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Judge Refuses to Allow Mirkarimi to Contact Wife, Son

 
SF sheriff says not being able to see his family has been "enormously crushing"

Updated Jan. 26, 2011, 5:46 p.m.

A judge on Thursday refused to lift an order barring San Francisco Sheriff Ross Mirkarimi from having any contact with his wife and 2-year-old son.

The stay-away order remains in effect until the conclusion of Mirkarimi's domestic abuse trial, which is set to begin Feb. 24.

Mirkarimi's new attorney, Lidia Stiglich, tried to convince Judge Susan Breall to let Mirkarimi see his son during supervised visits, but Breall refused. Breall reminded Mirkarimi that he could file a petition in family court to request such visits.

The judge, however, commended Mirkarimi for attending three counseling sesions. Stiglich said her client will continue to receive therapy, which she cited as evidence the sheriff is taking the charges against him "very seriously."

Breall said it was not the practice of the court to lift stay-away orders in cases like this. "I know Sheriff Mirkarimi would not want to have special treatment just because he’s the sheriff.”

After the hearing, Mirkarimi told reporters, "It's been enormously crushing that I haven't been able to be with my family, with my wife, with my son. It's been disproportionately cruel."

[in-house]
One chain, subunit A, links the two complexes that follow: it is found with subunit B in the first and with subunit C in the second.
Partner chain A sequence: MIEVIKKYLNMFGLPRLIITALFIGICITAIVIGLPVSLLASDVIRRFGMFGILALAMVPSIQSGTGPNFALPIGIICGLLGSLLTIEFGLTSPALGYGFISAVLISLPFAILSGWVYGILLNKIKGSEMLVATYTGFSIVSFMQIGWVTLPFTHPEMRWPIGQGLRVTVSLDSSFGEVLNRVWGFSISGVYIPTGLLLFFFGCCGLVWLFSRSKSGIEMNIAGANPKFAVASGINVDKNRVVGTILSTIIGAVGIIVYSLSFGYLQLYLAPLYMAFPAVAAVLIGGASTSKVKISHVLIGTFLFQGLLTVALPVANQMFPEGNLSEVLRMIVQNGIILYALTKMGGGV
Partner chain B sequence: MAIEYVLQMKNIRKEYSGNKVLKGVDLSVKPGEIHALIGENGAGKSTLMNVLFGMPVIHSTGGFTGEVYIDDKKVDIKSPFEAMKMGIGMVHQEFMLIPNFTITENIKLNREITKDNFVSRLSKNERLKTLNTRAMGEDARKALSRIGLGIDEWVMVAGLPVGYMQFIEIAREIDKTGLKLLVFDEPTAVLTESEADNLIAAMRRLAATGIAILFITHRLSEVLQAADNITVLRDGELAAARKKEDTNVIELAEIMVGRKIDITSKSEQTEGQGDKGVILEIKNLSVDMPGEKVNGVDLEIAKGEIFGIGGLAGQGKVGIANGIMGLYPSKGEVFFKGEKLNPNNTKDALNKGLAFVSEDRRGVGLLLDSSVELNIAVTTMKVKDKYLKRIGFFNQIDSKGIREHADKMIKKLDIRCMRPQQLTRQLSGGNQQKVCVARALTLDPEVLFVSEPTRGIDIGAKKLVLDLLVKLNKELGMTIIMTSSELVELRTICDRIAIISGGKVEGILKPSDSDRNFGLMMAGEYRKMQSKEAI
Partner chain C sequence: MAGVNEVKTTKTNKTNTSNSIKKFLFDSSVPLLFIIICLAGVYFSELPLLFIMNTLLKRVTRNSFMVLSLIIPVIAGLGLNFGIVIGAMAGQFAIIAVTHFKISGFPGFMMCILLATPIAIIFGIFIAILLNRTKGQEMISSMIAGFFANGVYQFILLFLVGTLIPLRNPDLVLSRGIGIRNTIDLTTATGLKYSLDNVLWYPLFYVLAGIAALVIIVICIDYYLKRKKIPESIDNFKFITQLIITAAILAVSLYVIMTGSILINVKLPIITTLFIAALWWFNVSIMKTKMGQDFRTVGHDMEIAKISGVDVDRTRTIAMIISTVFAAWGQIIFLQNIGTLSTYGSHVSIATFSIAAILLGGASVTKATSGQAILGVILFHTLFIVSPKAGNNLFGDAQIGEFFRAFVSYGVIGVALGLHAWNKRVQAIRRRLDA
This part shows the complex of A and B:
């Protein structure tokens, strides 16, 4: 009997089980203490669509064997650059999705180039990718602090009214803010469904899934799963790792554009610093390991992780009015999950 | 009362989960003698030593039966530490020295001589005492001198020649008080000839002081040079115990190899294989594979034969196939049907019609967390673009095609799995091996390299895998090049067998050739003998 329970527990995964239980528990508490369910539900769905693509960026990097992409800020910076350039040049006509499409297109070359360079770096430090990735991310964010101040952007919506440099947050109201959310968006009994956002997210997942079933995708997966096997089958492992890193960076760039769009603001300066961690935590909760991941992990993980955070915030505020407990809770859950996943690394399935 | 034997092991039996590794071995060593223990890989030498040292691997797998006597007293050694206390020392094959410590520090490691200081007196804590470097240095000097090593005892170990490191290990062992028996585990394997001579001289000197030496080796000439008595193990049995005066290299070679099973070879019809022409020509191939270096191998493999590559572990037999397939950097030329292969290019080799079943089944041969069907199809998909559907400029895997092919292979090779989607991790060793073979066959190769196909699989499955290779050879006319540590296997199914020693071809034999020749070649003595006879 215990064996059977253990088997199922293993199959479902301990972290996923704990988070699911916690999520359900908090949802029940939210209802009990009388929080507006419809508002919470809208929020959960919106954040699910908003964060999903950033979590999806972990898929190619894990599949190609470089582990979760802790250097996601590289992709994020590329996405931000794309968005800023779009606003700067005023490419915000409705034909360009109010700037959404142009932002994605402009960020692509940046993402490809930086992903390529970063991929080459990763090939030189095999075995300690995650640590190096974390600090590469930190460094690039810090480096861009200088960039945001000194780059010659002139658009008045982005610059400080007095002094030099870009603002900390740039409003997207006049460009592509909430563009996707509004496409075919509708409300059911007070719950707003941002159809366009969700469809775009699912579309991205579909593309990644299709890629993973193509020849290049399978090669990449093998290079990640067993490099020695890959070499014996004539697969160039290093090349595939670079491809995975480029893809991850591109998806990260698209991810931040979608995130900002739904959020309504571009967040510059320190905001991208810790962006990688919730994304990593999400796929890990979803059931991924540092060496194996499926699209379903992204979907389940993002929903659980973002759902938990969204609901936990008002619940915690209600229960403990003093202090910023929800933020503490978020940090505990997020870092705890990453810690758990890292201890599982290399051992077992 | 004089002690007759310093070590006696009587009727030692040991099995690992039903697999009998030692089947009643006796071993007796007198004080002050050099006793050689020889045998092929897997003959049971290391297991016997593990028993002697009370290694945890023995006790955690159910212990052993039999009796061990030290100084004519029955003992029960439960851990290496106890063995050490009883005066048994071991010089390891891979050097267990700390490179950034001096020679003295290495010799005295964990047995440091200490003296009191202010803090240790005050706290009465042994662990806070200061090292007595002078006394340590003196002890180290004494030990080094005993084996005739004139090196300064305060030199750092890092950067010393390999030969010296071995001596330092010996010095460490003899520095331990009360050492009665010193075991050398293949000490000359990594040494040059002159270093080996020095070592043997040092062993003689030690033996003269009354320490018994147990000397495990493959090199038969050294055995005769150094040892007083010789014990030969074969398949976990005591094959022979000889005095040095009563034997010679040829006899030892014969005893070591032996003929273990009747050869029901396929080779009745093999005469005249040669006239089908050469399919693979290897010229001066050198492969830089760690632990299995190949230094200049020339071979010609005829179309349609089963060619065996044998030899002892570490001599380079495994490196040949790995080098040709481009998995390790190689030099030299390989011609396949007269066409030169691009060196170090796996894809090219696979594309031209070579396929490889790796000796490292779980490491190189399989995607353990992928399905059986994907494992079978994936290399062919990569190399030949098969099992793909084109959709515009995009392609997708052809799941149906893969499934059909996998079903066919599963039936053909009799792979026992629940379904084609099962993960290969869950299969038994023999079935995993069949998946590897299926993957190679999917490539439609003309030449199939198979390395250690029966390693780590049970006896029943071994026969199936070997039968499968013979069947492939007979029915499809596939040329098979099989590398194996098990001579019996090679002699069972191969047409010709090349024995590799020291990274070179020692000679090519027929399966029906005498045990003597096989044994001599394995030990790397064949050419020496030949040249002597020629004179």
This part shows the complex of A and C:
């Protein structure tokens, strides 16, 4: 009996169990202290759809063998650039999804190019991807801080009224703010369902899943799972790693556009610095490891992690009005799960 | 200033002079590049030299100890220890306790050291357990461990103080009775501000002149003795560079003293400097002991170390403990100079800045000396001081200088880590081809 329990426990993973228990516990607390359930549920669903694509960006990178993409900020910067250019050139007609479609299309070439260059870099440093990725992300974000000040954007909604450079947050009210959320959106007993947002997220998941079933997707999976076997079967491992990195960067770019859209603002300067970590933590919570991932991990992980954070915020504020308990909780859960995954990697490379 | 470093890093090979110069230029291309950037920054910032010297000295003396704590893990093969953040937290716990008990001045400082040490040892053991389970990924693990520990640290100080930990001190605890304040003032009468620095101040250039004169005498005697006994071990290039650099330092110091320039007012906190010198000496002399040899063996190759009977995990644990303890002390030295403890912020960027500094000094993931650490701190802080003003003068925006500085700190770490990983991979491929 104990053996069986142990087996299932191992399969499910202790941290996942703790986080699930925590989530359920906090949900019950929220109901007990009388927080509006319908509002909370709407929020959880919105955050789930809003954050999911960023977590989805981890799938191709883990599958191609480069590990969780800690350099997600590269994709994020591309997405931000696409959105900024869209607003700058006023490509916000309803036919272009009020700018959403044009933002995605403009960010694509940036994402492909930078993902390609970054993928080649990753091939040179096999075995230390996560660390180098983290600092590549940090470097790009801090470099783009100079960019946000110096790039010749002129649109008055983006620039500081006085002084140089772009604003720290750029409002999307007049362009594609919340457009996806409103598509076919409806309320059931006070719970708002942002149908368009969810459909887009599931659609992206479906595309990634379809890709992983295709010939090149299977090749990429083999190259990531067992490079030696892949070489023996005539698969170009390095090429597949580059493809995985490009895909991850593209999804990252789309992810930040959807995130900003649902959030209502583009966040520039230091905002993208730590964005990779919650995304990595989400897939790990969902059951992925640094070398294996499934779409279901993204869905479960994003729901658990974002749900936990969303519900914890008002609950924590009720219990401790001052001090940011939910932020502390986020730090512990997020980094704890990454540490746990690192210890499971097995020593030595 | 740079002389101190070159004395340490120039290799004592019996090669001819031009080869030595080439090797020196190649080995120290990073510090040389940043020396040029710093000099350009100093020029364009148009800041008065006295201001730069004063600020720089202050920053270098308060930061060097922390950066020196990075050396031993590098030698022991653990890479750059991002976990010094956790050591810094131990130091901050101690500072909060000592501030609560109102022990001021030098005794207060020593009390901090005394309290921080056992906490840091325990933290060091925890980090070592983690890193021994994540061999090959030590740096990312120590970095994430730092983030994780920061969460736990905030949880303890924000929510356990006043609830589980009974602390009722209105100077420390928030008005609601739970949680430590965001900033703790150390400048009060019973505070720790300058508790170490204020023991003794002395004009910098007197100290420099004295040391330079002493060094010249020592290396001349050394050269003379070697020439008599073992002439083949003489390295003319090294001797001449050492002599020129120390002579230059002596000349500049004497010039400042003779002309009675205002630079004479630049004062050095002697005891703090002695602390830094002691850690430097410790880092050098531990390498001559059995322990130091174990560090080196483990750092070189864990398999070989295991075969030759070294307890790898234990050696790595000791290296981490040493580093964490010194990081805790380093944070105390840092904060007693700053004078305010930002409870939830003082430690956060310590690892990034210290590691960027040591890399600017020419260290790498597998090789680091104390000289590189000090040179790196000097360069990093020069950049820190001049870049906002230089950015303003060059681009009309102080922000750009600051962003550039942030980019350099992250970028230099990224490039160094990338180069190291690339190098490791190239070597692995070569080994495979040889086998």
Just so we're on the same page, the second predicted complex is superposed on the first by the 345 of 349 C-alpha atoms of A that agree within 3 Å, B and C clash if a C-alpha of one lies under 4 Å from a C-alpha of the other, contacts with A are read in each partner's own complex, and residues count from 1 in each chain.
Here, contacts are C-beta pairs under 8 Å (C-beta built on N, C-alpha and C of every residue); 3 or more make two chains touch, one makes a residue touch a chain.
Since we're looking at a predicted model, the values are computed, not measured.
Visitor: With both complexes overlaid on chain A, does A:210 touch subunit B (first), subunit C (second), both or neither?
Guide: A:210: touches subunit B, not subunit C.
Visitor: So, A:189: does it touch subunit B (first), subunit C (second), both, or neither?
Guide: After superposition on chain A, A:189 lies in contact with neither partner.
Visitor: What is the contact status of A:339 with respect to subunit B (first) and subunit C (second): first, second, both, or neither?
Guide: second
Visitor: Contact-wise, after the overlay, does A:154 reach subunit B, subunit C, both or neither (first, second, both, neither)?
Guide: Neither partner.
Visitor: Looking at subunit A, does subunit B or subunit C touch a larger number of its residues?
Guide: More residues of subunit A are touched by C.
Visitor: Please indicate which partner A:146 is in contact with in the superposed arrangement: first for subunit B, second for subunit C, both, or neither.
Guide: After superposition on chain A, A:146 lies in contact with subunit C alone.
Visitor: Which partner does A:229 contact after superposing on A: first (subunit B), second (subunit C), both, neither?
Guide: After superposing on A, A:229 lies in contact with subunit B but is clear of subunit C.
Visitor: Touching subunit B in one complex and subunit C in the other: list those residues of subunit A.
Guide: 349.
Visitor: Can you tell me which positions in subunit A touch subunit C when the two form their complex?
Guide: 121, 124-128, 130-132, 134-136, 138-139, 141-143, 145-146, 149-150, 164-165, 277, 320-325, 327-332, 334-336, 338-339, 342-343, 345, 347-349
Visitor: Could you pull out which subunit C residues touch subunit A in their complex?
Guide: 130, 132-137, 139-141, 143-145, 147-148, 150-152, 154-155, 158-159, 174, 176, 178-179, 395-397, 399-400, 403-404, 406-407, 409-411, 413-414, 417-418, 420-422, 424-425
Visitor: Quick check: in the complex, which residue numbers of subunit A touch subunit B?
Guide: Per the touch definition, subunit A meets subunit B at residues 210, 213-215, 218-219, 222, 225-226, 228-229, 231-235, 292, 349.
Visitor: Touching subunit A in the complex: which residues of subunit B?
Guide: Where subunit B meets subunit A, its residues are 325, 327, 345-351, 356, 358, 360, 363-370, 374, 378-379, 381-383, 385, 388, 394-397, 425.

Thursday's hearing marked the first time Stiglich appeared on Mirkarimi's behalf. Mirkarimi hired her on Wednesday to replace his previous lawyer, Robert Waggener.

Unlike at last week's hearing, when Breall issued the stay-away order, Mirkarimi's wife, Eliana Lopez, did not address the court and did not speak to reporters after Thursday's hearing.

Lopez's attorney, Cheryl Wallace, tried to get the judge to exclude all communications between Lopez and her neighbor, Ivory Madison. On Jan. 1, Madison recored a video of Lopez discussing a Dec. 31 argument she had with Mirkarimi and showing a bruise she claimed resulted from the dispute. The two also exchanged e-mails and text messages about the incident.

Wallace claimed that the tape was not acceptable as evidence because the discussion between Lopez and Madison, a law school graduate, was protected under "attorney-client privilege."

Breall rejected that argument because she did not know whether Madison was, in fact, acting as Lopez's attorney when those discussions took place.

In an email to reporters Tuesday, Lou Gordon, a friend of Lopez's, said Lopez planned to appear in support of Mirkarimi at a rally scheduled before Thursday's hearing, but that rally was cancelled at the last minute at Siglich's request, according to another support, Raquel Fox.

As Mirkarimi entered the courtroom Thursday, he passed by Michael Petrelis, who was holding a sign that read "Resign, Ross. Resign."

Petrelis said that Mirkarimi cannot juggle his legal troubles while also making sure the Sherrifs Office functions smoothly.

"If he can, he's a miracle man," he said. "I believe he should resign for the good of the city."

On Tuesday, after meeting with San Francisco Mayor Ed Lee, Mirkarimi told reporters he would not step down, but would not take pay during his trial next month.

Christine Falvey, Lee's spokeswoman, said Thursday that the mayor is "reviewing the city charter and considering what his options are" regarding Mirkarimi's position.

"He wants to make sure the office of the sheriff is functioning. He did ask the sheriff to consider taking a leave while defending himself against these charges."

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